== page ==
This is a simple and restrained project focused on the study of place and craft. As part of a design/build program at the Dalhousie University School of Architecture, the project was constructed over three summers by architecture students under the direction of Talbot Sweetapple, in the tradition of the Ghost Lab.
The Refuge is situated on a densely forested headland overlooking the Bay of Fundy. It serves local community groups by providing a resting place for skiers, riders, and local fishermen along an existing trail system.
The simple, gabled structure is found in a protected clearing, sheltered by a large oak tree. It floats above the forest floor, on axis with the summer solstice sunset. One enters across a large wooden deck, and through and inset porch. The central gathering space is flanked by a series of sleeping nooks, and is anchored by a group of totemic elements (central table, counter and hearth), which provides focus, utility, and warmth. Opposite the entry, a second inset porch opens to a large floating deck to the northwest and filtered views of the nearby shoreline.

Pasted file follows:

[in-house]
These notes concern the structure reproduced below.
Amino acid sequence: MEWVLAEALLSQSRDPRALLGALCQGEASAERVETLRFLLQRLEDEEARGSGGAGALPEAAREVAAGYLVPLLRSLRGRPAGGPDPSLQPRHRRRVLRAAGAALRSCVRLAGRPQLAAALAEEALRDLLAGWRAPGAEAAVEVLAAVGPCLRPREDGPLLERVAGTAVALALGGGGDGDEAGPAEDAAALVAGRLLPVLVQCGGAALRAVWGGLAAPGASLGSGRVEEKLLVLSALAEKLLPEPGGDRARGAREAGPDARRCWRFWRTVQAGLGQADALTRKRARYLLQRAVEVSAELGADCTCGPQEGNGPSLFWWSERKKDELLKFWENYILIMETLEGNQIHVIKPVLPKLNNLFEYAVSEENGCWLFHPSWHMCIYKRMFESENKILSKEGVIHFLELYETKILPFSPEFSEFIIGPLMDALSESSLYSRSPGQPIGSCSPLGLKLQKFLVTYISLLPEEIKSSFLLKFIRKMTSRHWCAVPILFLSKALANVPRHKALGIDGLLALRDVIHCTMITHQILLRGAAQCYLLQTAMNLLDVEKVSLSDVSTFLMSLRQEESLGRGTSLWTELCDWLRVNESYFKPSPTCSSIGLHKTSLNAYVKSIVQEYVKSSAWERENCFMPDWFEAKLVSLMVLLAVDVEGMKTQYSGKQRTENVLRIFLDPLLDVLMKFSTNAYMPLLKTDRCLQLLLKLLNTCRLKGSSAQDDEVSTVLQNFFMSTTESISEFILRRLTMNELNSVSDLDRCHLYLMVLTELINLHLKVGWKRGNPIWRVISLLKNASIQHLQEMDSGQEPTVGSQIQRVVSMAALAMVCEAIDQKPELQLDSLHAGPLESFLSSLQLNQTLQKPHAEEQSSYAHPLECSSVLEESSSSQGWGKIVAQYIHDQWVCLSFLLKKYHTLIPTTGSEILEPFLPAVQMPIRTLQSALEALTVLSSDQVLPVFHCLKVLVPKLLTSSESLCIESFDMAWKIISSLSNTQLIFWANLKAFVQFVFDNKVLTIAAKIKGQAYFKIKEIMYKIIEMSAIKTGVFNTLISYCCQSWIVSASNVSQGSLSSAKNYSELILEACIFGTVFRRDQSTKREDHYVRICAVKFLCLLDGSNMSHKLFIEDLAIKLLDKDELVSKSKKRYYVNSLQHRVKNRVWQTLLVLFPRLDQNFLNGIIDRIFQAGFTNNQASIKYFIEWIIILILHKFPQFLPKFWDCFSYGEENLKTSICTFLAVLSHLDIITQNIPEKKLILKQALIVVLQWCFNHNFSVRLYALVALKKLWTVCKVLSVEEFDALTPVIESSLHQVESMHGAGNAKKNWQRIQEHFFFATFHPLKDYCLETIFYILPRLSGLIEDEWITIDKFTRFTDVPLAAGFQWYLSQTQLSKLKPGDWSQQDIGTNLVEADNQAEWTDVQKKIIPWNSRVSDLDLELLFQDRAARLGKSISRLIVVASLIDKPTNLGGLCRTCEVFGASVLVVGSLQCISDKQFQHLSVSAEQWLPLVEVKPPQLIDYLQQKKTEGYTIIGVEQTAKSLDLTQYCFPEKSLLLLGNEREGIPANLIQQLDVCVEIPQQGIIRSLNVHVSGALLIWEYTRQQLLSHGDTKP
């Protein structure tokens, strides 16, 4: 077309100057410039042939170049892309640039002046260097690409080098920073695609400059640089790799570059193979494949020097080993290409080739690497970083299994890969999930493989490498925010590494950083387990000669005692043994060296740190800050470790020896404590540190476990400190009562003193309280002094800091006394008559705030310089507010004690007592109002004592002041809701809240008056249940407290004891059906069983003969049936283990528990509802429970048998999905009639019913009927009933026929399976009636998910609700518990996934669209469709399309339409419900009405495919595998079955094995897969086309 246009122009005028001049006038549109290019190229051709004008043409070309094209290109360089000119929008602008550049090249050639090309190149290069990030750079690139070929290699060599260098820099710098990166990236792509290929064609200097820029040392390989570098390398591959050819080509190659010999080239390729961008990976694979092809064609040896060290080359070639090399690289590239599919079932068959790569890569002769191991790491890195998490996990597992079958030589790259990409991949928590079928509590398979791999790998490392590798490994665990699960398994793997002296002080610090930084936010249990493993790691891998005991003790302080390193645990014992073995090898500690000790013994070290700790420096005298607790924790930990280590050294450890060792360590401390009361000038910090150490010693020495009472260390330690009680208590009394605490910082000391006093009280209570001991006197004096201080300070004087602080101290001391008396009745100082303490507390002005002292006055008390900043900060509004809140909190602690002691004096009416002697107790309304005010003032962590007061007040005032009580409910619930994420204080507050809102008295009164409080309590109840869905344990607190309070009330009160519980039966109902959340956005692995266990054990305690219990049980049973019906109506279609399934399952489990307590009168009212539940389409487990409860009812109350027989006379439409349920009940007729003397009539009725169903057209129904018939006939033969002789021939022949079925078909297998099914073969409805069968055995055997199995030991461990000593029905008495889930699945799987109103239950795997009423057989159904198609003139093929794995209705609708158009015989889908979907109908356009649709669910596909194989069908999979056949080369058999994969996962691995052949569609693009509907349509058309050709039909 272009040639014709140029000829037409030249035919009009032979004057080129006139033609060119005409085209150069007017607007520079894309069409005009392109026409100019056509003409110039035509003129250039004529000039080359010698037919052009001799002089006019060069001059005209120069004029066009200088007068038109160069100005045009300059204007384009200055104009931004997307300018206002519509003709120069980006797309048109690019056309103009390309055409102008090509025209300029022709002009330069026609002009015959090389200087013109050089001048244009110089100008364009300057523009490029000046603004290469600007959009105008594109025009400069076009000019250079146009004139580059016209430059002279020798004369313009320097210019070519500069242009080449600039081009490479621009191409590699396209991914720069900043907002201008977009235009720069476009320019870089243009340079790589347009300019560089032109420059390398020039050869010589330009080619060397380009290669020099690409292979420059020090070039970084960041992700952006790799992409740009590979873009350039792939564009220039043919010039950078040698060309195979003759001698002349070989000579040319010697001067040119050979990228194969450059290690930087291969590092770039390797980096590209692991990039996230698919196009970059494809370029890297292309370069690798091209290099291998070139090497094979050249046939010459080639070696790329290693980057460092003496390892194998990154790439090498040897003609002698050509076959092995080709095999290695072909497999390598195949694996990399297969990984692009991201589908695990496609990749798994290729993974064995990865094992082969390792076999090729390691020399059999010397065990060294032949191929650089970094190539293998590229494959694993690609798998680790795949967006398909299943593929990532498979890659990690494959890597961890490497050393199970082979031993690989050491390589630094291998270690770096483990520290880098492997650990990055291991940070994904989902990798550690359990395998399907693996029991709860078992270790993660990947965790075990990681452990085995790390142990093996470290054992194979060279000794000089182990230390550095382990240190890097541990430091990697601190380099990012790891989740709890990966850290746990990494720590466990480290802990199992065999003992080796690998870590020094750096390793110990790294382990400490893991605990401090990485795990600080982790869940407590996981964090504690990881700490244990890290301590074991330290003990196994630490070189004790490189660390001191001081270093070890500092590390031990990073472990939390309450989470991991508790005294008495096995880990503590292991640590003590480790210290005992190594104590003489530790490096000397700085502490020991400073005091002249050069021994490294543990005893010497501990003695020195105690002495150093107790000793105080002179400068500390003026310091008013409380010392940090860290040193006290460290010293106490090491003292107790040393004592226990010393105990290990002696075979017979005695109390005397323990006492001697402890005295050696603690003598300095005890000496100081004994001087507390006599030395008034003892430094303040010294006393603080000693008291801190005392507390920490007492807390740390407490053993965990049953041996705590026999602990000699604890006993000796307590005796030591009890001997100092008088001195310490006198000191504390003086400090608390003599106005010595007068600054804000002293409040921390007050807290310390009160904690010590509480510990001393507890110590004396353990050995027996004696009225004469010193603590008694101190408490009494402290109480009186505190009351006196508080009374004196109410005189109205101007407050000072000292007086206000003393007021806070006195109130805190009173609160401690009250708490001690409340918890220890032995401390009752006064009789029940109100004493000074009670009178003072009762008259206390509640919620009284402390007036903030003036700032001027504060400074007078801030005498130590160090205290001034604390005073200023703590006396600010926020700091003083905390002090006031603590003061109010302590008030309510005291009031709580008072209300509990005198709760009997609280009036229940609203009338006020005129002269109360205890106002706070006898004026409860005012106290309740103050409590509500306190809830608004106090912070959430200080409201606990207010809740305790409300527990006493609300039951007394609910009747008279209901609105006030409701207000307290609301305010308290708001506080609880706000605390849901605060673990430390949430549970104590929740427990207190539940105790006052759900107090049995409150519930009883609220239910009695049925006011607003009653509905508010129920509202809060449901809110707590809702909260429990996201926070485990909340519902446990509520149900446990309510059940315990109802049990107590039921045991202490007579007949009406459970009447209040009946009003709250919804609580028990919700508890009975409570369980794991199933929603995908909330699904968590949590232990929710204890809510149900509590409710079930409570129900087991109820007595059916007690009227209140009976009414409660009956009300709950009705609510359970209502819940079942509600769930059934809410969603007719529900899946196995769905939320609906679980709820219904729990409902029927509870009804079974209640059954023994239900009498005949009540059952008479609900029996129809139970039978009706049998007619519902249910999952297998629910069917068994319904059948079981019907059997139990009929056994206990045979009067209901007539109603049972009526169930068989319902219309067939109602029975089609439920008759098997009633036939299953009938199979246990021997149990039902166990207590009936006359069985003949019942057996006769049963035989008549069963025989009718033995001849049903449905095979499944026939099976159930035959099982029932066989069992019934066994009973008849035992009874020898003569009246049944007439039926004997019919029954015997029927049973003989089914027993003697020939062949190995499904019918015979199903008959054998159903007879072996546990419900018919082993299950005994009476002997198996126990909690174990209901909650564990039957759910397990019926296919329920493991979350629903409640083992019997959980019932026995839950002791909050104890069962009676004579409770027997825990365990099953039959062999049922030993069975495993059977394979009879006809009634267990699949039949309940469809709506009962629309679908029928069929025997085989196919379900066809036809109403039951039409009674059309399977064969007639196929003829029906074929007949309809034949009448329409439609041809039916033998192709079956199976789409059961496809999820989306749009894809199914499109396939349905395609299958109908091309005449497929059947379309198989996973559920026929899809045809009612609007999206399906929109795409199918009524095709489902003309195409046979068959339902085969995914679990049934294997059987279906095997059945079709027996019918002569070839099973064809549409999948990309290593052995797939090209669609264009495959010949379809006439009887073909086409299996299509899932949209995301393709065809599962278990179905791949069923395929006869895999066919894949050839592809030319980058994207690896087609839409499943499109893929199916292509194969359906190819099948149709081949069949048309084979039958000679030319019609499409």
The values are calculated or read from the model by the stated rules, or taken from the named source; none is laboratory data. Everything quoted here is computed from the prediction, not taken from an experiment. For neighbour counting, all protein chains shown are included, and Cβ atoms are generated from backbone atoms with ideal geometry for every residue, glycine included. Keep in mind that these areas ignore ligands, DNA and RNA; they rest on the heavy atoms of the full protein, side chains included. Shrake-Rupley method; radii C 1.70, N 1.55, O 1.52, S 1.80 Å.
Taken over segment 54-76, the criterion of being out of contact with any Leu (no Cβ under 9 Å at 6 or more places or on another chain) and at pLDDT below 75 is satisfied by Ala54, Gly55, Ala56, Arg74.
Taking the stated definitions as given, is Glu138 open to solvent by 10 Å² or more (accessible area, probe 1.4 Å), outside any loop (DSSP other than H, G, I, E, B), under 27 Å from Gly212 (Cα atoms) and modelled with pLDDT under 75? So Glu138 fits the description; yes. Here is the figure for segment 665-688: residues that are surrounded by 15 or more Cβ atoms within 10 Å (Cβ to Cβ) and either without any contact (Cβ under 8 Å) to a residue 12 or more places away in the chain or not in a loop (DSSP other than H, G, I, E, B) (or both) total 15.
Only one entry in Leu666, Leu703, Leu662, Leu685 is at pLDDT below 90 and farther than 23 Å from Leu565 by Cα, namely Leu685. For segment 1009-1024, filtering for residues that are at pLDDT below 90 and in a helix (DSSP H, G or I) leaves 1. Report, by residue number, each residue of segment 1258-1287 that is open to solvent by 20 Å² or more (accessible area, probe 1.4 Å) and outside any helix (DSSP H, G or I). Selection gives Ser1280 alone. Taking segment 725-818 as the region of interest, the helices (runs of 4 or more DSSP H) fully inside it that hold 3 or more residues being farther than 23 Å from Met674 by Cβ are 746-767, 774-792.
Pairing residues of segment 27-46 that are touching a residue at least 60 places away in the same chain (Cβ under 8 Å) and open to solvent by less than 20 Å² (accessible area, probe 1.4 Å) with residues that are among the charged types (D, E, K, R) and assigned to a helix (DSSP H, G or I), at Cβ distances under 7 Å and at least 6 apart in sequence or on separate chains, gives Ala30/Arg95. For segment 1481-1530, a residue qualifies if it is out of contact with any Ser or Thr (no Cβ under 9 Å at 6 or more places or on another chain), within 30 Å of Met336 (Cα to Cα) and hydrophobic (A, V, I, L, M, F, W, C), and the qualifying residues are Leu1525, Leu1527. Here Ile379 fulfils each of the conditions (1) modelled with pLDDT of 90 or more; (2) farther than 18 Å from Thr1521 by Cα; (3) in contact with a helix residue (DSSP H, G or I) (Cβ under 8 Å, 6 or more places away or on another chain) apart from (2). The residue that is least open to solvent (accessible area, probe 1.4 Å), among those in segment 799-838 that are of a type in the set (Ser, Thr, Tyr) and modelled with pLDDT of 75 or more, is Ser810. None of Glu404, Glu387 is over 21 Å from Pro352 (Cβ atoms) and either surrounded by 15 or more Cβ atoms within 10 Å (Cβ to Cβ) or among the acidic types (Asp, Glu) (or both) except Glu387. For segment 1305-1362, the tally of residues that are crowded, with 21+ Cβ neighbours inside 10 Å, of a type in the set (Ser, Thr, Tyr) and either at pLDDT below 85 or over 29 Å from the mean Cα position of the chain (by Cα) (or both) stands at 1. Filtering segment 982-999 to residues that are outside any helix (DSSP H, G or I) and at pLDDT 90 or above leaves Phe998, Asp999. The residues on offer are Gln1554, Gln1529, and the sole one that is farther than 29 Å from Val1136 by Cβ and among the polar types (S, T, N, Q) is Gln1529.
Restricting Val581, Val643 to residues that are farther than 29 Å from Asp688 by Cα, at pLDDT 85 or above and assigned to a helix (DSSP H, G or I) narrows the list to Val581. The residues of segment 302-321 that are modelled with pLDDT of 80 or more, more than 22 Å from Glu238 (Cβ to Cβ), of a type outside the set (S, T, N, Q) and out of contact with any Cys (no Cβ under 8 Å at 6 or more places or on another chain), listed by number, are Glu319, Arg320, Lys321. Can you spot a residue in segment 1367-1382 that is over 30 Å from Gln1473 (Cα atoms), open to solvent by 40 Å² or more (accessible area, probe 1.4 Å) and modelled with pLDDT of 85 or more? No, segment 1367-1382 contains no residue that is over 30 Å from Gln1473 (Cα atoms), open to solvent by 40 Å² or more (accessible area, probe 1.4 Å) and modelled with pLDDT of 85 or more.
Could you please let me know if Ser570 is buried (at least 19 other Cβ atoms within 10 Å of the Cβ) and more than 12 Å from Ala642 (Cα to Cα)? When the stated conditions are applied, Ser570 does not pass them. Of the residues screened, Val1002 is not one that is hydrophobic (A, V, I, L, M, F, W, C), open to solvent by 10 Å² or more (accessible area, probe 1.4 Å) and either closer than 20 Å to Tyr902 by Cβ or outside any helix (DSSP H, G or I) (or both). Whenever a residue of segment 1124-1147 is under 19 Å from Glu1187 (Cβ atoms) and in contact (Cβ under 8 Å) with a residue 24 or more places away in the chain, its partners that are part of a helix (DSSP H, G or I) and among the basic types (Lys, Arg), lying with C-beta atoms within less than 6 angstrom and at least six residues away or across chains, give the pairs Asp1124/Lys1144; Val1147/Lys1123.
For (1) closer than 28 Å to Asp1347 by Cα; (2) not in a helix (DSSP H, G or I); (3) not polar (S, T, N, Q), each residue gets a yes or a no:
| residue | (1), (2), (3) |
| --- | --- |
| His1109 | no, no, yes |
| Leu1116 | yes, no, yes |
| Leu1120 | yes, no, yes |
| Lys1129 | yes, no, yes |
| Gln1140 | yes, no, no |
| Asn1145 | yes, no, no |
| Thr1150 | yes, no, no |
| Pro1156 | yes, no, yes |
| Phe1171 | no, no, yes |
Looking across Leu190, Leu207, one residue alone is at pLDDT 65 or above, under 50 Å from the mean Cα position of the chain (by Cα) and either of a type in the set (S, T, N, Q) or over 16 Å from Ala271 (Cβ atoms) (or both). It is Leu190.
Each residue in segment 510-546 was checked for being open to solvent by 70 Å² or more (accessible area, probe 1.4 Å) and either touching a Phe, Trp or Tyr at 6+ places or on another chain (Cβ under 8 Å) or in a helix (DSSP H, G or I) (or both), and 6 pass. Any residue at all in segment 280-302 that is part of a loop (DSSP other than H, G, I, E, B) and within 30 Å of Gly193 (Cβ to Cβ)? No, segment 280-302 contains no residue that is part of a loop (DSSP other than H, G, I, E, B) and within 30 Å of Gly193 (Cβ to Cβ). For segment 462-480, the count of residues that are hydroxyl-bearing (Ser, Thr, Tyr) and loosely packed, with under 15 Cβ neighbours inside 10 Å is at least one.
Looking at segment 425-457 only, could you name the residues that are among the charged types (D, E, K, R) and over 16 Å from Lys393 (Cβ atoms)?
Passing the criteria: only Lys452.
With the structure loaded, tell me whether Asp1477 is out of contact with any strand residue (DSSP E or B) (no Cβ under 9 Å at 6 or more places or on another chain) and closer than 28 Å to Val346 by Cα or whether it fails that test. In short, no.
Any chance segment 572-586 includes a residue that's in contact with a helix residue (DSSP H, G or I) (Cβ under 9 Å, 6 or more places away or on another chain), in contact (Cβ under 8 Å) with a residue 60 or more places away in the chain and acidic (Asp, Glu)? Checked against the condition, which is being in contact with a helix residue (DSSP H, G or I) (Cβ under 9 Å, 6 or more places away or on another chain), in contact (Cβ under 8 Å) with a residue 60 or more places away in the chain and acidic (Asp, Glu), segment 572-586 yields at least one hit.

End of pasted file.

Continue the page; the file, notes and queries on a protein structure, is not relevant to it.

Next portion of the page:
Building on a traditional understanding of wood construction, various species of wood were selected based on their natural properties. The roof and the long exterior walls are wrapped in local cedar shingles. The two gable ends are clad with a vertical Hemlock screen which creates a dramatic lighting effect on the interior. At night this effect is reversed, as the building becomes a glowing lantern in the woods.
2014 North American Wood Design Honor Award